Yes, this really happened this week. A divorced man in his 50s told me he needs to marry someone 10 years younger because older women are less attractive. I told him to look in the mirror. (No offense to any men reading this, but most guys in their 50s do not have the same “chein” they had when they were younger. Less hair, more wrinkles, more pouchy…I’ll be nice and stop here.) Then he tells me, he wants a significantly younger woman even if that means he will have to have another child. He sounds like he’s should be nominated for Dad of the Year award.

He naively thought, when he called me, that I would do what some matchmakers do: send him dozens of photos of pretty, young women and set him up with the one he likes best. In my world, we don’t call that a shadchan. That profession has another title, that starts and ends with P, is a four letter word, and has an I-M in the middle. I told him to go fly a kite.

It takes a lot for me not be willing to help someone in shidduchim. For the singles I don’t have ideas for, I spend time davening that Hashem should send them a match soon, using special tefillos I received from a very holy Rosh Yeshiva about six or seven years ago.

I know that matchmakers are under-unappreciated and mis-understood by singles. Singles get frustrated if we call you with a match too infrequently, but we’ve made dozens of phone calls on your behalf and haven’t told you about all the rejections we’ve gotten for you – for stupid reasons. Or we’re holding back from sending you the real crazies. Or we’re just overwhelmed by the quantity of people who need shidduchim, and we spend a lot of time thinking of ideas, combing through files, and not relying on computer algorithms to send you the wrong ideas.

I’m happy when I make a shidduch, but at the same time I’m sad that I am not making more. You know when matchmakers made more shidduchim? When singles weren’t delegated to a piece of paper that said what their parents did for employment and where their siblings went to school, but were actually humans with hashkafos and personalities that we described over the phone, set up, and married them off. When people trusted matchmakers and agreed to meet without demanding photos. Especially for older singles who want to do a phone call before a date, you seriously can’t have a 30 minute phone call without a photo? And honestly, if you both live within 1-2 hours driving time, meet in person and skip the phone call or zoom.

So here’s my solution: Matchmakers need to arrange more dates without photos and require singles doing zoom dates to have the video component turned off. Get to know each other for the person, not the face. Singles that don’t want to follow these rules should find their own matches.

Some people complain that I don’t think looks are important and that’s why I oppose the idea of photos exchanged before people agree to a date. Quite the contrary. Halachically, people cannot marry each other without physical attraction. My own home has been used before for chassidim who were having a 30-minute date before the arranged marriage would be announced, so they could see if they were attracted to each other.

But attraction needs to happen at the right time. Which, I believe – supported by leading Rabbis and by scientific research about how the brain responds to physical appearance – should start after a third date.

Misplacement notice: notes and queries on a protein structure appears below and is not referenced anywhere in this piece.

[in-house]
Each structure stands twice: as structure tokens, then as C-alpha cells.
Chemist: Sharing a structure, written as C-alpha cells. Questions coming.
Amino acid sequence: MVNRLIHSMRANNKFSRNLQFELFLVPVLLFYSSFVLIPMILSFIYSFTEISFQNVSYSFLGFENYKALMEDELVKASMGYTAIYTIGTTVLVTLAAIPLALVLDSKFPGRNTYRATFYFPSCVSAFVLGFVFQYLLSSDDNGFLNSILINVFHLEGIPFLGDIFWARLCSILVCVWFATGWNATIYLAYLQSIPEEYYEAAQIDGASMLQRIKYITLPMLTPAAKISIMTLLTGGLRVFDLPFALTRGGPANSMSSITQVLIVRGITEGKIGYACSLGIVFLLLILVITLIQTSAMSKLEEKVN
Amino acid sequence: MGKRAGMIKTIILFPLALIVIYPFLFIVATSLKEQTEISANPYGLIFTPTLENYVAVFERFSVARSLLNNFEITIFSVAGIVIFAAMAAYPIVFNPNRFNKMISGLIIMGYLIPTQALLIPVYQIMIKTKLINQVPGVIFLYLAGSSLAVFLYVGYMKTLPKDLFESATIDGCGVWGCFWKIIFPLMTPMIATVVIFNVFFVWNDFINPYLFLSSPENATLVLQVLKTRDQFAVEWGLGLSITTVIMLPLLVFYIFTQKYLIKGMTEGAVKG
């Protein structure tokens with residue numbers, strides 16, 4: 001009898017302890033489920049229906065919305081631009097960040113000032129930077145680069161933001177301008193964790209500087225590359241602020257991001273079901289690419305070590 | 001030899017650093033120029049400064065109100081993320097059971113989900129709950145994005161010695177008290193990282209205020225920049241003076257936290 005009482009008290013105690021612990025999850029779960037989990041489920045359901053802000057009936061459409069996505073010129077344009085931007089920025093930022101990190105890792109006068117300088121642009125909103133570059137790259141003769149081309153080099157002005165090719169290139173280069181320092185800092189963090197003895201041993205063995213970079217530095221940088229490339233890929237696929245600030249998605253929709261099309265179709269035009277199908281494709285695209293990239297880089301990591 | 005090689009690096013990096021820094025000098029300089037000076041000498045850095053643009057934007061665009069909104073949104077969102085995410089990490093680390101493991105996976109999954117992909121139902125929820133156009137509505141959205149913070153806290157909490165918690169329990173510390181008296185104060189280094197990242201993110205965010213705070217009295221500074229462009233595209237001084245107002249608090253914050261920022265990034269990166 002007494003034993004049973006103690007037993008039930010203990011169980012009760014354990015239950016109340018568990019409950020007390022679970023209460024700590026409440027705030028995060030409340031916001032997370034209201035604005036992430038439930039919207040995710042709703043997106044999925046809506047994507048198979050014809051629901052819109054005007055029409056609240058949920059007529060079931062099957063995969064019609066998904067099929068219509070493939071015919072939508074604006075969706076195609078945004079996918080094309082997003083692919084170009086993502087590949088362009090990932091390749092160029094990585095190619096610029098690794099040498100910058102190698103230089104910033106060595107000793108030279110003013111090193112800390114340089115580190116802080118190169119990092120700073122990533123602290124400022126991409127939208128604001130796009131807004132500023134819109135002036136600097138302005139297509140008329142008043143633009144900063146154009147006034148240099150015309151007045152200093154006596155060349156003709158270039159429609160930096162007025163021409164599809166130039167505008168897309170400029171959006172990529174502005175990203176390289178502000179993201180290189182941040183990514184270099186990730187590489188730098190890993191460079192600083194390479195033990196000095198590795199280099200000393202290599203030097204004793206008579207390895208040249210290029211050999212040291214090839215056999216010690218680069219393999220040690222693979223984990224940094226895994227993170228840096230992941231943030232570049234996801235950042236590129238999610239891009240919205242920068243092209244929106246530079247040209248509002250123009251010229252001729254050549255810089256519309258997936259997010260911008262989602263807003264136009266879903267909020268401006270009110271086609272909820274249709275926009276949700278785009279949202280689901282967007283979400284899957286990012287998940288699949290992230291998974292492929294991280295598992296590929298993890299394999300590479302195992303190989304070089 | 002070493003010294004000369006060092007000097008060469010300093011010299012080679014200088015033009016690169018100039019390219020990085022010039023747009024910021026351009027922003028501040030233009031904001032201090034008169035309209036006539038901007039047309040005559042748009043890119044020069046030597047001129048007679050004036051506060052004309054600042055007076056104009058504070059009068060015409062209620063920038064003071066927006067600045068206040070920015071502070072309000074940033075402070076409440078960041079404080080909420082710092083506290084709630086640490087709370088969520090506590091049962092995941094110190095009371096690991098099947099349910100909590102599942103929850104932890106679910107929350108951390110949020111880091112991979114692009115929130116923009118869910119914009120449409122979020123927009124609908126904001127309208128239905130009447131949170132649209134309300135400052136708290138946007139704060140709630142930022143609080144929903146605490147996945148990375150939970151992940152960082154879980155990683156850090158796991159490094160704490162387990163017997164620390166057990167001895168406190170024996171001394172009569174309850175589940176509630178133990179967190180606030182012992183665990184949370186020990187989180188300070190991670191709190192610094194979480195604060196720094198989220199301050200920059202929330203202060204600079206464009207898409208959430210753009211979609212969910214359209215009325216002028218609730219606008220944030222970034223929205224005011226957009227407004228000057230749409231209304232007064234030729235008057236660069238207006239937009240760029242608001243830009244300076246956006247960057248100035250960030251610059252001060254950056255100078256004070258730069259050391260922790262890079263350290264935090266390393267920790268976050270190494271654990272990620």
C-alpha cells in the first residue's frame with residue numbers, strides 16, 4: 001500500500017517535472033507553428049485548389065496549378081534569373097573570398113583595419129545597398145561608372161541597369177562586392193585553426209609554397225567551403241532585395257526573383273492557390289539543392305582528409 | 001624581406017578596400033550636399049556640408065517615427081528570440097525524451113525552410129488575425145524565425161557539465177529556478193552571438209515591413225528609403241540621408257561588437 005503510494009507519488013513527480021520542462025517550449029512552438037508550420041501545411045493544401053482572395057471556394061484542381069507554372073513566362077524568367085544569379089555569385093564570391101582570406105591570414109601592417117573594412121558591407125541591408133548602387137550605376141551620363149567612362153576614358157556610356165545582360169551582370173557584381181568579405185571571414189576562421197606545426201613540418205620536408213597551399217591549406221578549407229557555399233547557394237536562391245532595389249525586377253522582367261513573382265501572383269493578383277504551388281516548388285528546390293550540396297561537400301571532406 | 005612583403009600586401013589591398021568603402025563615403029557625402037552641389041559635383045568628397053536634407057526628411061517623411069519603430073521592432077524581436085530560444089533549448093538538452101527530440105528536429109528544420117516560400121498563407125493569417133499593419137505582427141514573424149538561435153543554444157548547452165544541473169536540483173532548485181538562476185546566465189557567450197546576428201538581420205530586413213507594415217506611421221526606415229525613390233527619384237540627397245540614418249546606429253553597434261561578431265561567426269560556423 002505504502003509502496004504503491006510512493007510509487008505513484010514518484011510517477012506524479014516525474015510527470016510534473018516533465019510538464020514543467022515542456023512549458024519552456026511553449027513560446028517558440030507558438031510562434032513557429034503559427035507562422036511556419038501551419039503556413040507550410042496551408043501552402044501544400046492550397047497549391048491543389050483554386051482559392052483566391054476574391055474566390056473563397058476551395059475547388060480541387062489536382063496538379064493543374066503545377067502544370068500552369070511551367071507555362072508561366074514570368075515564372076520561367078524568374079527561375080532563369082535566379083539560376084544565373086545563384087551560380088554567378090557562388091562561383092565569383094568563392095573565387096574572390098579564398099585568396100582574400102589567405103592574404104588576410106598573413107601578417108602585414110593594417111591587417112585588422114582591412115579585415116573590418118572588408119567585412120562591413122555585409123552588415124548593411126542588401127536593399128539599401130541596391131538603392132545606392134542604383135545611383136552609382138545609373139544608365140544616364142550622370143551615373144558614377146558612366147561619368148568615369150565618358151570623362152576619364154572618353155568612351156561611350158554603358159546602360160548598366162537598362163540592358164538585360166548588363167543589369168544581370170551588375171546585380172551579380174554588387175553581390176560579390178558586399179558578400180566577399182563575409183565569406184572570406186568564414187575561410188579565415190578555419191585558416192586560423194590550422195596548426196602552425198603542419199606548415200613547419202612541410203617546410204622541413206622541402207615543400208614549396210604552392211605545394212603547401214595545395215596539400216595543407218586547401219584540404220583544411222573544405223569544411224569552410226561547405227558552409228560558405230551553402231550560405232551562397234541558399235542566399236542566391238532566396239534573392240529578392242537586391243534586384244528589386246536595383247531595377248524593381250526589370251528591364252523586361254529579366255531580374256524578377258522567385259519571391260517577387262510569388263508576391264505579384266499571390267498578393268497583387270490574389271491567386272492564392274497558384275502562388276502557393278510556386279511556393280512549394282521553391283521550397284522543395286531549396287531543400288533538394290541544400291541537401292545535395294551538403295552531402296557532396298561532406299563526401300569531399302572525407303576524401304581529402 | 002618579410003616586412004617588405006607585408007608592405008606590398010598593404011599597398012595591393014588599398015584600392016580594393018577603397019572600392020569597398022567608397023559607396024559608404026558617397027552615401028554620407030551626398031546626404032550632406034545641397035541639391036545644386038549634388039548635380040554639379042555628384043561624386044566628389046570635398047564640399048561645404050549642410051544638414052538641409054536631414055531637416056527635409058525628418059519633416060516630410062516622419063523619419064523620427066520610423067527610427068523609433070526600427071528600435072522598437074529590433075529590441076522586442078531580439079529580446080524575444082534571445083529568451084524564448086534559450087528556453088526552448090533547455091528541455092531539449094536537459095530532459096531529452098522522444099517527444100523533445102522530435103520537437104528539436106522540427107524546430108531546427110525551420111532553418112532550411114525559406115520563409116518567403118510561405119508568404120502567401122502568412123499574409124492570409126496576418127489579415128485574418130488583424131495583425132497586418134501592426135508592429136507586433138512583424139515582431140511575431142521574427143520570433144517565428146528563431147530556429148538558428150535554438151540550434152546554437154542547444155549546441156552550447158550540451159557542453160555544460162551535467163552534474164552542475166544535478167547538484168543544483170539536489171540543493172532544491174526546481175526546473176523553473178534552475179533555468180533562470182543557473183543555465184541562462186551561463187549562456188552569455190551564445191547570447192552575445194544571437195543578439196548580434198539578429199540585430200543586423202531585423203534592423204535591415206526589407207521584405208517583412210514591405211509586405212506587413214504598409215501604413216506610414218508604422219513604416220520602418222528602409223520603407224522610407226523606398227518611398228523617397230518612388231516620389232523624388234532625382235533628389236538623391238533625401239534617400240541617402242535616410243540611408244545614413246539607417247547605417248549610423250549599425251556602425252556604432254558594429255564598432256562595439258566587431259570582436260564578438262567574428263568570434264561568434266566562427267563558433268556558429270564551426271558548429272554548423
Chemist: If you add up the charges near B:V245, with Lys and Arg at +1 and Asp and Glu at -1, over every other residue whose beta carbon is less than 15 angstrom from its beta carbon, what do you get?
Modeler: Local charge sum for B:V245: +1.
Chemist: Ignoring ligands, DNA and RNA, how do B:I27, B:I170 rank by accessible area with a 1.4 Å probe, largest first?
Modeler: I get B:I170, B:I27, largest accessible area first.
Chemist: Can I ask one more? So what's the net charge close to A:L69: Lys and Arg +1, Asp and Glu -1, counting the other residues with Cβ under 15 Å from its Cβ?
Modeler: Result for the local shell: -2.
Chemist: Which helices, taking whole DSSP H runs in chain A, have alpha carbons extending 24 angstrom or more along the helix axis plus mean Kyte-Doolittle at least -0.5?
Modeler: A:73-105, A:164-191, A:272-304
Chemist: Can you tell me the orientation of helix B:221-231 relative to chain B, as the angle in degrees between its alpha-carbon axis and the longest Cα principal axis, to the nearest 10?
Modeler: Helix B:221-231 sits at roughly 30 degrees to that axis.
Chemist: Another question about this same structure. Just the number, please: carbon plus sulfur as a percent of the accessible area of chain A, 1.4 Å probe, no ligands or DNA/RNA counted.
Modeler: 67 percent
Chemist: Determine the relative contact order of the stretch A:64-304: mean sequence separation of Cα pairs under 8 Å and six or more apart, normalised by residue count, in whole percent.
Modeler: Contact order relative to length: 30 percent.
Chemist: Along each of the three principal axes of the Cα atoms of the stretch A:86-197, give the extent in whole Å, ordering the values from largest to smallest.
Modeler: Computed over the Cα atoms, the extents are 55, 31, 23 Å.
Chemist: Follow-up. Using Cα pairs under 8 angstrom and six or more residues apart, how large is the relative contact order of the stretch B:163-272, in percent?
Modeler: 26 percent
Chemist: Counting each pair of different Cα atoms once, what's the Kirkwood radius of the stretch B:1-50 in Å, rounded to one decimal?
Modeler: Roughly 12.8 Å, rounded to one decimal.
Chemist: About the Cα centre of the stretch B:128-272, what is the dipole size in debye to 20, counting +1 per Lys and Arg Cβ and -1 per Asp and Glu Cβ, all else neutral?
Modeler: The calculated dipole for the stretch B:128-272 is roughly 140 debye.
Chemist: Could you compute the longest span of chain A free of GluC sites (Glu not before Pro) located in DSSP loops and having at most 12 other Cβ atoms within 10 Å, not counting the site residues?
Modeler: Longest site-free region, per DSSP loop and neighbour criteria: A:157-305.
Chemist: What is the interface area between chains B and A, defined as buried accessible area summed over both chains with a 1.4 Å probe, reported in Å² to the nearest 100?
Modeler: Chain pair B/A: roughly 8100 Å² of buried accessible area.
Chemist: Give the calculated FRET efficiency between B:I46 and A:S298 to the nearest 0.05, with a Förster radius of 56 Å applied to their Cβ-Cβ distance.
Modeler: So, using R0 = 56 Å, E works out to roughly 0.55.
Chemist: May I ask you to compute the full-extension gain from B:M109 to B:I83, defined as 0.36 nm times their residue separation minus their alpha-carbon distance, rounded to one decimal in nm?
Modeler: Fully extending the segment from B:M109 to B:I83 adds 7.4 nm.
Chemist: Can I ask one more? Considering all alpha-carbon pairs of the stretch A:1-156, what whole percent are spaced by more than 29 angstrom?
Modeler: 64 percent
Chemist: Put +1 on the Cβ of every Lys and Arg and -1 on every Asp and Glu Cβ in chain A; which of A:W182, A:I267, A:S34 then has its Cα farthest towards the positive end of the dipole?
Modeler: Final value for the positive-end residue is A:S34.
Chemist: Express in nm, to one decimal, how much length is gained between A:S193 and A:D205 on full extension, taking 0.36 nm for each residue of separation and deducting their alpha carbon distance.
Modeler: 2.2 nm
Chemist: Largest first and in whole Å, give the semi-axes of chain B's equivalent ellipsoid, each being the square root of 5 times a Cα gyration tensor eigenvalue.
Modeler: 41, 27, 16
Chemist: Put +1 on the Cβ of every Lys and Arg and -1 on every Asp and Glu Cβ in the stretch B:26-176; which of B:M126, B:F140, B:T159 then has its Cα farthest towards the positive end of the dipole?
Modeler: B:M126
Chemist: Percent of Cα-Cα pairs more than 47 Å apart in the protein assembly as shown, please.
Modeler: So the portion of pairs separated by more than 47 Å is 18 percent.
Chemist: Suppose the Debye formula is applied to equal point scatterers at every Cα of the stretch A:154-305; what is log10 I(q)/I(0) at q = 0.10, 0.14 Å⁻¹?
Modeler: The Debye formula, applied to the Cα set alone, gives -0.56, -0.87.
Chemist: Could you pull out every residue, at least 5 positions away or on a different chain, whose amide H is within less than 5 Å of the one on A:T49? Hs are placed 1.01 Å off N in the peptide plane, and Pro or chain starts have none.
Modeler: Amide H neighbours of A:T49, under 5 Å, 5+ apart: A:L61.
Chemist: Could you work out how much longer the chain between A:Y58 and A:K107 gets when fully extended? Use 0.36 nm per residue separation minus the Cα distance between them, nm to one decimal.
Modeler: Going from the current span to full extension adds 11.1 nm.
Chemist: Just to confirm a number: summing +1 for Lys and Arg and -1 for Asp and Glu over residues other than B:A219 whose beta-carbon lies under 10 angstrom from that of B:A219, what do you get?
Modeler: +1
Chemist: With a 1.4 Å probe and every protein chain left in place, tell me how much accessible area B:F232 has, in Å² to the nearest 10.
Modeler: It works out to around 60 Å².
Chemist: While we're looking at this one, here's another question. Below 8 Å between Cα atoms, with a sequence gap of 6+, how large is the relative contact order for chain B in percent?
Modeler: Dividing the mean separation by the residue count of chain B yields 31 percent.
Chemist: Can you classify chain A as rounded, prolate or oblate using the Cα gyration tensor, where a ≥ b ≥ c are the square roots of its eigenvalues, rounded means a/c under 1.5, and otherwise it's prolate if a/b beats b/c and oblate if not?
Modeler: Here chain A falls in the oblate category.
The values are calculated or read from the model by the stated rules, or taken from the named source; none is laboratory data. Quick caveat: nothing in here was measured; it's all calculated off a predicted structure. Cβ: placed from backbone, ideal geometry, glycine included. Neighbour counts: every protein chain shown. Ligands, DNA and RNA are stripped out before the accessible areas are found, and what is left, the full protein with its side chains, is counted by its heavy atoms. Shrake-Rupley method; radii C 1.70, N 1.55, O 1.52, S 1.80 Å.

Ironically, the men who are most picky about looks usually age and age and age…and never find someone pretty enough. Psychology would find the underlying insecurities or other psychological issues in the male that make him focus so much on externals, while some assert that men in a very religious environment may be using “lack of attraction” as an excuse to reject dates in an attempt to hide uncertainties about sexual gender.

Here’s something new I learned this week, from Rav Avigdor Miller who explained that the Gemara says that when the mann fell in the midbar, so did cosmetics, to enable the women to beautify themselves. And Ezra Hasofer made a takanah that a cosmetics salesperson (or “peddler” in those days) should come to the towns weekly so women could have what they need to be beautiful, without having to pay overinflated prices by local shopkeepers. If Hashem himself, with the mann, and Ezra Hasofer, one of the greatest Jewish leaders, are busying themselves with cosmetics, then obviously women have a responsibility to make themselves appealing to men.

But all in moderation. Men who are used to watching beautiful women on television or in movies, many of whom use unnatural enhancements or surgery, are often not going to be satisfied with the inner beauty that emanates when two people develop an emotional connection. Until a man and woman start to open up and be vulnerable, you miss out on a lot of the inner beauty that adds to the external appeal. Superficial beauty is not enough – that goes away pretty quickly (scientific research claims by 18 months). Which is why most Torah leaders say attraction and chemistry grow after marriage, because it is then – over time and not too quickly, that people become more emotionally intimate with each other.

Based on scientific research on this issue, and my 25 years of experience as a successful shadchan and dating advisor, I believe that looks should not even be a consideration until a third date. And let me give you one piece of advice. Not attracted to her or him? Don’t throw a shidduch suggestion away so easily. By a third date, if the looks haven’t enticed you, change the atmosphere. Go for a walk on a moonlit beach or other romantic setting and see if it changes anything – even slightly. You don’t have to suddenly find your date super-attractive, but there should be a slight improvement in the attraction in a more romantic setting. If not, then discuss it with a dating advisor – it may be time to walk away. But only after a third date.

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